Because Social Policy Bonds focus on outcomes, which can be broad, they have informational advantages that make it easier to consider tackling problems that would otherwise be addressed only on an ad hoc basis. Air pollution in cities, for example, results from many sources and from many different processes. Immense quantities of information would be needed to establish and monitor a comprehensive system of pollution. Even worse, some programmes have perverse incentives: if a police force, for example, is too successful at cutting crime one year, it may find its budget cut the following year. Or at least, the possibility that that might happen could have some effect on performance.

Social Policy Bonds, on the other hand, are focused on outcomes. As such, they would command wider political support than activity-based programmes. And because they inject incentives into all stages necessary for solving environmental problems, they will be more efficient than current efforts. Many social and environmental problems are too complex to be solved by a top-down, one-size-fits-all approach, which is the approach that government does best. Rather, they would be best tackled with a combination of diverse, adaptive solutions, applied over a long time.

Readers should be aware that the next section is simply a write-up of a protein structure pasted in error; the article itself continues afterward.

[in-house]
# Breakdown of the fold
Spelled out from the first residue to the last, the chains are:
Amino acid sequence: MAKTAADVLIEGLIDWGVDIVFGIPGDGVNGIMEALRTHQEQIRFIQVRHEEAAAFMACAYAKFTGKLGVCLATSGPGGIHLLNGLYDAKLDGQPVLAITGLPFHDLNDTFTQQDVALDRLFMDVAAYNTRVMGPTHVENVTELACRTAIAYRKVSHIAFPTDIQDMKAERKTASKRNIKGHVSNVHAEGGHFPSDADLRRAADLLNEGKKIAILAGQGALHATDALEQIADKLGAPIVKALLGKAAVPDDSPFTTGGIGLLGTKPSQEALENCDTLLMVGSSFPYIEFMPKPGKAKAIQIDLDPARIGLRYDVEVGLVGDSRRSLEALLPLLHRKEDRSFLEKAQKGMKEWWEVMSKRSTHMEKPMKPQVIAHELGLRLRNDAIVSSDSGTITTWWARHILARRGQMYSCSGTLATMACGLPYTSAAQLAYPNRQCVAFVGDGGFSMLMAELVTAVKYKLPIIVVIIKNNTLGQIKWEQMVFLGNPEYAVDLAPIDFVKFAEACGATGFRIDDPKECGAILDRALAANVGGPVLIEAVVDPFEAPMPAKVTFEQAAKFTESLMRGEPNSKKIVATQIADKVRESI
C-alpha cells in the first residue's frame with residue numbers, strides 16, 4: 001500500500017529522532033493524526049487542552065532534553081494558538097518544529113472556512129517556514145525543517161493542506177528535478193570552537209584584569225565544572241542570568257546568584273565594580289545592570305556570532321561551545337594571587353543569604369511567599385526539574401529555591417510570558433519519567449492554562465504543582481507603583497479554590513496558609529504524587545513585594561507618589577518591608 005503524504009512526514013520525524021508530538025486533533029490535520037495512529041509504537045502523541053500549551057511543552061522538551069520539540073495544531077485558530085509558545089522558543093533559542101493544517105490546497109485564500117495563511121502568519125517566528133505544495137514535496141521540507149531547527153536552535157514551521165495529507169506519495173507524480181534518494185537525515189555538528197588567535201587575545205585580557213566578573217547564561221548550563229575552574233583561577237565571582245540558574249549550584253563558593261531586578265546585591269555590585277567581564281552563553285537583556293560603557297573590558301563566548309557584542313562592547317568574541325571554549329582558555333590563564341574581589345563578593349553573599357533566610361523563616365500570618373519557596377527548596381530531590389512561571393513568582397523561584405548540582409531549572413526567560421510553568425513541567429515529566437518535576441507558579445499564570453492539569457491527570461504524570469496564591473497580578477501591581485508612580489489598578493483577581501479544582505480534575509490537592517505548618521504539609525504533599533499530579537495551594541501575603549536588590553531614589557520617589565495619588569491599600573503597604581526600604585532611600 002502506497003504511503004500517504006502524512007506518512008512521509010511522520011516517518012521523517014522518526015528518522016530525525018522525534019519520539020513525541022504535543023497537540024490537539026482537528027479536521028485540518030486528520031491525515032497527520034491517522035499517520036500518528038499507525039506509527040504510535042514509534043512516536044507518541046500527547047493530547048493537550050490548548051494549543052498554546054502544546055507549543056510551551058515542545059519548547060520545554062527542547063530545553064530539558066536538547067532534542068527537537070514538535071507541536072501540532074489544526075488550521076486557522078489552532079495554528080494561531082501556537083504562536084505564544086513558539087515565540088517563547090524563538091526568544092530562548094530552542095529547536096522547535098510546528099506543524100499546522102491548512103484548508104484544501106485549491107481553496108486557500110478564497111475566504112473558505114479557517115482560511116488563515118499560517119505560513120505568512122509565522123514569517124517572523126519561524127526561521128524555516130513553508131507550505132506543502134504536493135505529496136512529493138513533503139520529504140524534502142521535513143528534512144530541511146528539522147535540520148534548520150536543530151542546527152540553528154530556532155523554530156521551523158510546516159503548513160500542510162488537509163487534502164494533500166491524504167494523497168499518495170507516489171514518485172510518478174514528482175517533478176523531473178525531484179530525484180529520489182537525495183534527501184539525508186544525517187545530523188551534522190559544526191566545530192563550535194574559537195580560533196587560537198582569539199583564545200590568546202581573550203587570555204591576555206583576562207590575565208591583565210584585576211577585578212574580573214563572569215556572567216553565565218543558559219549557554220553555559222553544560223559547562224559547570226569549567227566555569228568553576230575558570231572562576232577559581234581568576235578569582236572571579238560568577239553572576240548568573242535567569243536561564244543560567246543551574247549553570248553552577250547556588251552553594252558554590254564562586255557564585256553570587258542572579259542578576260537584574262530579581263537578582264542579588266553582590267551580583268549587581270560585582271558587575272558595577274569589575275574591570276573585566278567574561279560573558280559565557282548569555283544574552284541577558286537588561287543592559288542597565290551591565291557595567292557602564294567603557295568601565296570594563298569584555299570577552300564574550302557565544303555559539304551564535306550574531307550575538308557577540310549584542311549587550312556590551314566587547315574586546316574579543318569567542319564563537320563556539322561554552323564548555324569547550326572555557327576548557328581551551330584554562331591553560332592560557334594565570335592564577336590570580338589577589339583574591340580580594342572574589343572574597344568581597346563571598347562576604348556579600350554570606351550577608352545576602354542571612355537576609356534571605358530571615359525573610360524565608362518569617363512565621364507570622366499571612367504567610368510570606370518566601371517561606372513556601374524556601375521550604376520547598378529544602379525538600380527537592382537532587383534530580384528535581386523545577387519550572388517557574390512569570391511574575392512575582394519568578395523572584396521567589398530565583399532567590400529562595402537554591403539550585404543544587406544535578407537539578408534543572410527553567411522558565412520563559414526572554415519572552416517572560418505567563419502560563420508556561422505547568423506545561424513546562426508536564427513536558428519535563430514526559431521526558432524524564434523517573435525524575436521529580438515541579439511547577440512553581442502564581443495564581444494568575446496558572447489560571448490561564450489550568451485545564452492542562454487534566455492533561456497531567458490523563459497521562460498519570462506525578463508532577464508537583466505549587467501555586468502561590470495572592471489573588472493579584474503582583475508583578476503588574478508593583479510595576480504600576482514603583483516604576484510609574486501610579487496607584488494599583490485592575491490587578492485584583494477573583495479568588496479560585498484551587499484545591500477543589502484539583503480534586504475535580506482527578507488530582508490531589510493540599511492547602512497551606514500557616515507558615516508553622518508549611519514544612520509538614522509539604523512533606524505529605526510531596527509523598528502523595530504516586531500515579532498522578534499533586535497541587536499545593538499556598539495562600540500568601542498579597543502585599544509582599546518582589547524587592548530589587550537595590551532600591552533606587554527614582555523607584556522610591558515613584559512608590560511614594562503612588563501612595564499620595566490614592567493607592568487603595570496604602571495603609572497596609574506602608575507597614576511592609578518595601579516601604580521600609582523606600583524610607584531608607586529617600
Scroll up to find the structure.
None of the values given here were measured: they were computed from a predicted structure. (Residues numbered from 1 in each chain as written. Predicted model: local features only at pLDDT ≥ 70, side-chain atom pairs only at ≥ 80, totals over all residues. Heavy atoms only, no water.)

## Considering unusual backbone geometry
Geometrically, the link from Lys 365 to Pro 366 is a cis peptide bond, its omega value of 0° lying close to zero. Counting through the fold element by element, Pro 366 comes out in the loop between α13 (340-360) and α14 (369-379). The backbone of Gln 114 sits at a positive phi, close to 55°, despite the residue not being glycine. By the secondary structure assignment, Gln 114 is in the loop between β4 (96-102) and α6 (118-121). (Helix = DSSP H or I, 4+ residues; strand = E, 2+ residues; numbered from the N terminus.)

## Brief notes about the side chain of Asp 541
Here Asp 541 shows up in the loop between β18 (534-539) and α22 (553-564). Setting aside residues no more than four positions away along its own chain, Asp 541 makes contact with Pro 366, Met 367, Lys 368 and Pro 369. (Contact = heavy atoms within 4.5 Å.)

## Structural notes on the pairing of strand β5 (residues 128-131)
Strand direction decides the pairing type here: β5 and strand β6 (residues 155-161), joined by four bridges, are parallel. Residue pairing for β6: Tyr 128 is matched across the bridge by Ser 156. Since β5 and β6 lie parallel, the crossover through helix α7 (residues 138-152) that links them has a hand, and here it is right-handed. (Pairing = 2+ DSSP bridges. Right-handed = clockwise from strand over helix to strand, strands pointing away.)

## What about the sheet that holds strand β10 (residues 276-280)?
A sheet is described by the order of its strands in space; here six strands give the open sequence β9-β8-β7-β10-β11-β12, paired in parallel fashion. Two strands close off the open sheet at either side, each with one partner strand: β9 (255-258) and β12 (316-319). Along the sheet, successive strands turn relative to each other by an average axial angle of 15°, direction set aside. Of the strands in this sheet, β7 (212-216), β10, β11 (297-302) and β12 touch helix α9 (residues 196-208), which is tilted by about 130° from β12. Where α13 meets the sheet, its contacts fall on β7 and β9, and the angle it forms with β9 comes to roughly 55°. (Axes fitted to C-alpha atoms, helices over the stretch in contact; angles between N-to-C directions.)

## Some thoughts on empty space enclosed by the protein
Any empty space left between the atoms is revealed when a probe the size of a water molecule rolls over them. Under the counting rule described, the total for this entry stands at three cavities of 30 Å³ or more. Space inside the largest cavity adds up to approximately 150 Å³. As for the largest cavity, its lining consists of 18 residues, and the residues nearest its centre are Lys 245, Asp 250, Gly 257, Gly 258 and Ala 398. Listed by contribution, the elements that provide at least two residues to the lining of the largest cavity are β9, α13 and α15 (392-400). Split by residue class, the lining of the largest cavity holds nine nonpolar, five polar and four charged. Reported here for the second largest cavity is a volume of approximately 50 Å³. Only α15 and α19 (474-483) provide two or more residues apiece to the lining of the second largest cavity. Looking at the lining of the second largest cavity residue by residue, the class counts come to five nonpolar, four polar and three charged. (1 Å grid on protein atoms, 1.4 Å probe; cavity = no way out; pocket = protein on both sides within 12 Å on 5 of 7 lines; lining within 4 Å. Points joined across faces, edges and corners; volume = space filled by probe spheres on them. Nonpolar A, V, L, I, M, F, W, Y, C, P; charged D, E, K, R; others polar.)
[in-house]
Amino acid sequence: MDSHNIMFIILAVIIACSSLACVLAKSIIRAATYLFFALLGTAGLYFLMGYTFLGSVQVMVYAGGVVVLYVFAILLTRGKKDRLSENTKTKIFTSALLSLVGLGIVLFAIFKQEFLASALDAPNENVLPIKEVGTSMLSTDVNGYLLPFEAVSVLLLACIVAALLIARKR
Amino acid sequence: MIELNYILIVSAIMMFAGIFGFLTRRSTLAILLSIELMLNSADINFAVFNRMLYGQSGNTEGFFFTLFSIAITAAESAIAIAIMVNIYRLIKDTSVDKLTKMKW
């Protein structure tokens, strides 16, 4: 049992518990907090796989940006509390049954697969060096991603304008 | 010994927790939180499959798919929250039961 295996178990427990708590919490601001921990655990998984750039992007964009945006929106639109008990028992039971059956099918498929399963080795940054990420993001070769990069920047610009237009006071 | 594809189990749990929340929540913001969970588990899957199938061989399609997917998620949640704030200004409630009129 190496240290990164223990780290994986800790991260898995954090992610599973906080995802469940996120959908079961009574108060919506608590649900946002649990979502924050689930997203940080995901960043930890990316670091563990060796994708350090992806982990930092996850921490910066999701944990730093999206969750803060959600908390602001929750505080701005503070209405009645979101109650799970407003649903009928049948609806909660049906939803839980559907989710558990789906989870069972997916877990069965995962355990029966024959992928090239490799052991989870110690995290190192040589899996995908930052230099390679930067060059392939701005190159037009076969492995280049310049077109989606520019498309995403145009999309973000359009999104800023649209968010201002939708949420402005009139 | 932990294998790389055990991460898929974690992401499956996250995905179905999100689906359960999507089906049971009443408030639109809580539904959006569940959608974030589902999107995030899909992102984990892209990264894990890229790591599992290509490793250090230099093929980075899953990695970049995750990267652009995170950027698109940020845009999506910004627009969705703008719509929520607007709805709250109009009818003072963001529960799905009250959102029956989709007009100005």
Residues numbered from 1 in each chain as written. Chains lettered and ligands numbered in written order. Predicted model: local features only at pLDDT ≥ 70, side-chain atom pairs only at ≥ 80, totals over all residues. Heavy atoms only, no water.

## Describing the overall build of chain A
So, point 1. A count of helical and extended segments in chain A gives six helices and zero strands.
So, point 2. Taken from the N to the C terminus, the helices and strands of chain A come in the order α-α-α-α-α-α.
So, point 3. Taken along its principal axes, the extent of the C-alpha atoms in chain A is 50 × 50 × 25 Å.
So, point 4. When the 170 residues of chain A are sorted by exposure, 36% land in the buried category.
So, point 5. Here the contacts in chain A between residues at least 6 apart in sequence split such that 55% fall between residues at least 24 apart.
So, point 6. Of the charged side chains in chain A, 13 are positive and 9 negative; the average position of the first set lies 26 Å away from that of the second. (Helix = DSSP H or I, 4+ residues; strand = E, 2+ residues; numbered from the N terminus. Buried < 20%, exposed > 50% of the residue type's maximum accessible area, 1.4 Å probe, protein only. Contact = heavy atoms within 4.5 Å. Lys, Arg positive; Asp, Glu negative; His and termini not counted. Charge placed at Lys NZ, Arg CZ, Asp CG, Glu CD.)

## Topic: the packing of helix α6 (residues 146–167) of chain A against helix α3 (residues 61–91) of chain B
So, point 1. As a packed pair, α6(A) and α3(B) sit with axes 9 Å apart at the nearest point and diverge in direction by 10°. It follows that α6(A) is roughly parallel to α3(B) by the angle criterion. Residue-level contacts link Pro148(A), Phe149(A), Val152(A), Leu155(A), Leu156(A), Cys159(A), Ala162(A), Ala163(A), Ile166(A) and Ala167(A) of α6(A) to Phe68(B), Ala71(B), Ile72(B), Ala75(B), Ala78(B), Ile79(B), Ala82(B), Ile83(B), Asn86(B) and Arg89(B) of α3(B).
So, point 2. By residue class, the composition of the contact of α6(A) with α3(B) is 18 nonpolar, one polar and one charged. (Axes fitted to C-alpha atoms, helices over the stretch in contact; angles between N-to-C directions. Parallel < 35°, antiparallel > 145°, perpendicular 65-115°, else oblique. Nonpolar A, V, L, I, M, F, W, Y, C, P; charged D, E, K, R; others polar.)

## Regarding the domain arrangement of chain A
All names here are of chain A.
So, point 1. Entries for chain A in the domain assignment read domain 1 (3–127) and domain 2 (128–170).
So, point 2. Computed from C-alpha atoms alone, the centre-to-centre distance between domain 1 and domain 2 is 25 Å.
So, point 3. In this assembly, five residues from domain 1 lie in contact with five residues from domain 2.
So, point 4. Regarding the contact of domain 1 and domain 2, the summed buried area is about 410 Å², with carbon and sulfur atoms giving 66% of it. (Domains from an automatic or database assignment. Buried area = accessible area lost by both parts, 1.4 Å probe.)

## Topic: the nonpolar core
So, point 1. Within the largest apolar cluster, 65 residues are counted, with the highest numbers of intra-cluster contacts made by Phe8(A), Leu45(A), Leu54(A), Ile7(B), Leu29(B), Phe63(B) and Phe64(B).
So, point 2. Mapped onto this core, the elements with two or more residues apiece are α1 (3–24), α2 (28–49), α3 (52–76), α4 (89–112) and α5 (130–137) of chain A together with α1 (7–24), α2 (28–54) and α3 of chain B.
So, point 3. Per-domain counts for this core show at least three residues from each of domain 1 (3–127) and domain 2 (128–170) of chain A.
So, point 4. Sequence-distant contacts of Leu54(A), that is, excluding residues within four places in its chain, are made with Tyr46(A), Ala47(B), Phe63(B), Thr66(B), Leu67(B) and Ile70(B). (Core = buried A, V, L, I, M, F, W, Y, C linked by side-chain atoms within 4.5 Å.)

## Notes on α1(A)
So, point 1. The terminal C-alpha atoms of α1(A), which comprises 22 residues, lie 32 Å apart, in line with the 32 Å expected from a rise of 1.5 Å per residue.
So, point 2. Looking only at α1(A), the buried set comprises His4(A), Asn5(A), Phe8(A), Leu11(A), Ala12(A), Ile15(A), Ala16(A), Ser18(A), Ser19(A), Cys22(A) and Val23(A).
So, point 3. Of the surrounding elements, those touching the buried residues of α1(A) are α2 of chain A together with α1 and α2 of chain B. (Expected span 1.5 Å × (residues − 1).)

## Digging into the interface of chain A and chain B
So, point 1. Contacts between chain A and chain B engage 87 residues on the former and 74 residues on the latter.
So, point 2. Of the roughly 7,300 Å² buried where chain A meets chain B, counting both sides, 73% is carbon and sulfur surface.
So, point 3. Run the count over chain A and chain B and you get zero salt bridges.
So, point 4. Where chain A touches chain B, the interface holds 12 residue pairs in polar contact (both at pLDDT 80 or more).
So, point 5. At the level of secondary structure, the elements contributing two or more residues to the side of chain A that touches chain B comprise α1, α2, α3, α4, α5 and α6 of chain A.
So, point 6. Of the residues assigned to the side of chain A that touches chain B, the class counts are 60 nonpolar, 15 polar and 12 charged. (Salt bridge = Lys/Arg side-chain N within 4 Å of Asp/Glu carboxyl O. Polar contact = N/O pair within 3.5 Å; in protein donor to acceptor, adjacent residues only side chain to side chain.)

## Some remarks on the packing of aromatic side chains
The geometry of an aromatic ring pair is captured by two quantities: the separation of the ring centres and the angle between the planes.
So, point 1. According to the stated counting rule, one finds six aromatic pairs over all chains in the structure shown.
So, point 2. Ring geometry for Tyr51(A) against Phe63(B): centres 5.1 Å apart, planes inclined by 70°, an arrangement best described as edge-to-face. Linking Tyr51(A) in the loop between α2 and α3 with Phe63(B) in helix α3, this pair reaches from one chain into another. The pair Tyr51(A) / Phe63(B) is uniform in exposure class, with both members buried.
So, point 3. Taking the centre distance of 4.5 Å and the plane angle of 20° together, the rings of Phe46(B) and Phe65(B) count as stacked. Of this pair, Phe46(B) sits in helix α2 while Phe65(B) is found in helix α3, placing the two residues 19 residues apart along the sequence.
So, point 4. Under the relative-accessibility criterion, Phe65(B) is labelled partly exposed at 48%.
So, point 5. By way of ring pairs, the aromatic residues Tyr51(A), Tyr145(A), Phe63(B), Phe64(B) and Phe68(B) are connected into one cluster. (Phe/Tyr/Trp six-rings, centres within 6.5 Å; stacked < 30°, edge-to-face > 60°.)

Resources are always going to be limited and Social Policy Bonds will not change that. Priorities and choices will always have to be made: under the Social Policy Bond principle, governments will still decide on which problems to solve and on the sums allocated to their solution. But democratic governments are good at representing and articulating their people's wishes, and many goals would be focused on achieving minimal environmental standards for all. As such they would be politically popular. Where government is not so successful is in working out the most efficient ways of achieving these goals - especially goals that are long term in nature and likely to require a range of diverse, adaptive approaches. This achievement is really a matter of allocating scarce resources. In economic theory, and on all the evidence, markets are the best way of allocating scarce resources to achieve prescribed ends. Social Policy Bonds would allow both governments and markets to do what each is best at doing - respectively: prescribing ends, and allocating resources to meet these ends.

In the long run the widespread acceptance of the fact that self-interest can be channelled into solving urban environmental problems could have more far-reaching implications. National or even global environmental problems, such as marine pollution or global warming, could be made the targets of future bond issues. However, the surrendering of policy instruments to the private sector, even with the aim of achieving goals as uncontroversial as lower crime rates or less pollution, may be politically difficult, and must be a gradual process. But the potential benefits should not be ignored. Urban environmental problems are a large and growing burden. I believe that Social Policy Bonds, by injecting self-interest into their solution, would be the most effective way of improving the urban environment, to the benefit of all who live in cities, and society in general.